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April 24th, 2020
Our most difficult task at all times is to look at reality and determine what is possible, and what is not. As powerful and essential as our imagination is, it leads us astray much of the time. Imagination often fails to pay heed to some true laws of nature and pays too much heed to imaginary customs, invented by people, fake laws, if you will.
It’s well known that you can teach a gorilla sign language. But strangely enough, even though you can ask a gorilla a question and it will answer, such animals don’t ask questions.
This might give a clue as to why our species has been able to accomplish so many outrageous things. There aren’t any fish or caterpillars, whales or giraffes that have been able to send any of their kind to the moon.
Clearly our imagination plays a huge role in our success, and at the core of our imagination may be the ability to form and ask a question.
Questions are the product of imagination. Answers are a product of observation.
A question reorients your perspective on the world. The question makes you curious, and somewhat suspicious of reality, as though it’s hiding something that you can discover.
The process is fairly straight forward, and it’s a lot like the scientific method: you ask a question, and you poke reality in a way that hopefully answers your question. Sometimes you get the sort of response you’re looking for, sometimes you get something totally surprising, and often you get no answer at all. This process repeats. Based on the feedback, we ask another question that’s been informed by our first experiment. Eventually, we end up rephrasing our initial question until the framing of the question creates a perspective on reality where the answer emerges.
The art of the question is the art of rephrasing, and doing so until the question phrases the parameters of that unknown answer so well that the question actually begins to describe the answer.
It’s never just one question and one answer. It’s a game that volleys between reality and our imagination.
This whole space is indeterminate. It’s uncertain, and while it can feel as though it lacks the order that accompanies certainty, it’s a fluid process that has a method and a logic of it’s own, the way two people dancing together don’t know what the next few moves are going to be, but they operate on heuristics that allow them to move gracefully through that improvisation.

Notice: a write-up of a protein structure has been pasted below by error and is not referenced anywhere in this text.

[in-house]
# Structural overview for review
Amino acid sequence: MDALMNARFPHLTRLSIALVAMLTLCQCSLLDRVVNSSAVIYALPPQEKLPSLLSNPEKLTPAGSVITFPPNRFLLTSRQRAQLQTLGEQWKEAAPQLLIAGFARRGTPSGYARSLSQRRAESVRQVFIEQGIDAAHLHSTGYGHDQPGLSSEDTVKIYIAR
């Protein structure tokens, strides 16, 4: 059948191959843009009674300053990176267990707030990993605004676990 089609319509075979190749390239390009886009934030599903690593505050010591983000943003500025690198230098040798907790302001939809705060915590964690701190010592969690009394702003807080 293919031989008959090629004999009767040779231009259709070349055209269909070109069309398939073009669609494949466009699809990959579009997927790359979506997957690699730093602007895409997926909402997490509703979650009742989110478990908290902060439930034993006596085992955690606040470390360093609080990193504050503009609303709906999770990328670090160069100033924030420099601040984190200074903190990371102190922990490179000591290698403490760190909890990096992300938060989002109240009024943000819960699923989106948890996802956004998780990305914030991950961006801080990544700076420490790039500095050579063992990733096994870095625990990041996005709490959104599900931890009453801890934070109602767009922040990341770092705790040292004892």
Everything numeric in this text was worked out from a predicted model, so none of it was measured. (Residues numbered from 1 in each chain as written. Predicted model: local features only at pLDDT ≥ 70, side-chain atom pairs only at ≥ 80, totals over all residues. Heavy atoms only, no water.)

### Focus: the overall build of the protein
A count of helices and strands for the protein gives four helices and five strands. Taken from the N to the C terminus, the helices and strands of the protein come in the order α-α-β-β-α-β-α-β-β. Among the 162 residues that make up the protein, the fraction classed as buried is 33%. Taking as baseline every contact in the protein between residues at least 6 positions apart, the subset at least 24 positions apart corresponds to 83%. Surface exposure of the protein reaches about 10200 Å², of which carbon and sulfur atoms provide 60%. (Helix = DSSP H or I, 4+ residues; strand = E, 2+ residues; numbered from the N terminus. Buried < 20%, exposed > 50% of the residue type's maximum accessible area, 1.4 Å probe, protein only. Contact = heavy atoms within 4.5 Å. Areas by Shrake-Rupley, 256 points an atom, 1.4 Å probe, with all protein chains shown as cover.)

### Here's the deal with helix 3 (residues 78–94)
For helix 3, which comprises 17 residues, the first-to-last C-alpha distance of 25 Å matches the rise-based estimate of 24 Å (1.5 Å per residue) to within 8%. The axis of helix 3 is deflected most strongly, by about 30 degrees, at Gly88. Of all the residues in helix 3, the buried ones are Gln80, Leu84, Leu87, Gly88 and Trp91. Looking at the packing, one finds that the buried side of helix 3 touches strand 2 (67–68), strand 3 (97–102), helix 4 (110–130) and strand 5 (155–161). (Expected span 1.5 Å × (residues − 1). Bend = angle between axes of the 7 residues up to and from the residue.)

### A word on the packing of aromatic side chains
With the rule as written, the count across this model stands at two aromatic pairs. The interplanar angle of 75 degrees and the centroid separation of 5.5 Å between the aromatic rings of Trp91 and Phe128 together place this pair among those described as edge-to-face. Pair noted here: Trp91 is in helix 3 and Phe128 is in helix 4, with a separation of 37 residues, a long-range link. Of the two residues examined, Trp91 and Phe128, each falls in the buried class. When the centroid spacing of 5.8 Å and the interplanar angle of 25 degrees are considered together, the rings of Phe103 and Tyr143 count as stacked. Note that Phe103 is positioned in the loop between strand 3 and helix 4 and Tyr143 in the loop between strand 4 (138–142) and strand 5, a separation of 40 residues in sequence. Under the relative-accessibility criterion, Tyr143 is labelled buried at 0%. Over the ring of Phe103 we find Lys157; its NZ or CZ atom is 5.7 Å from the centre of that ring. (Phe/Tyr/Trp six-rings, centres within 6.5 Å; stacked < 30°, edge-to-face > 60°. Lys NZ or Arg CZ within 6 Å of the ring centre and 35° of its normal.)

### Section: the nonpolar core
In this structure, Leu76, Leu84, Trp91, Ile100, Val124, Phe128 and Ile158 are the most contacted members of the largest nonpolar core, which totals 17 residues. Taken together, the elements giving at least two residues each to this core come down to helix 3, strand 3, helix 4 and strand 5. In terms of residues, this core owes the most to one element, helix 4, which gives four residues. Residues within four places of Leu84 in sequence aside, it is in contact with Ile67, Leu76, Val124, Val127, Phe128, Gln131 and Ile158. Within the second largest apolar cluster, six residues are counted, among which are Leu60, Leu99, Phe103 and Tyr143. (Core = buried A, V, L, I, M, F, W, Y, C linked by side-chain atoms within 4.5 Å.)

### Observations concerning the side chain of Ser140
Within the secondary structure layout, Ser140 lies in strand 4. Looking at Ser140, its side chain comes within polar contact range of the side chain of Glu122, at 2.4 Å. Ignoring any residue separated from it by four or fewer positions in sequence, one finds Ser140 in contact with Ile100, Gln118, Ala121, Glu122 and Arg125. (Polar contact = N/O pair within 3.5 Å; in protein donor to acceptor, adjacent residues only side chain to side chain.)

The analogy of volley goes even further. Just as it only takes one ball to play a game of tennis with two people, the volley of questions and answers has one thing at its core: our perspective. It’s the way we view things and understand the situation that is getting volleyed between reality and our imagination. It’s important to realize the difference between our perspective and our imagination. Our perspective is an understanding, whereas imagination is this chaos machine that we have somewhat separately from our perspective. We understand the world to be a certain way, but still have some confusion, and our imagination supplies us with these odd ways of looking at the world, seeing connections that aren’t explicit when we just look at the parts, and from that warp of imagination we then question reality. The answer we get isn’t somehow a raw piece of reality, it’s just another influence that shapes our perception. We then go back to the imagination with this new understanding, and with luck, we get another question.
The true power of the imagination is that it allows us to wonder if reality isn’t as it seems. It allows us to wonder if there is a secret mechanism that is making things work and behave the way they are. Essentially, the imagination allows us to see a different reality. It’s messy, and clearly the imagination can be disorienting, but this is why it’s so important to try and pin down reality with the points of those questions. The way to stay grounded is to actually try and find the ground, the bedrock of reality, that waits for us to see it as it really is.
This episode references 739: Fake Laws
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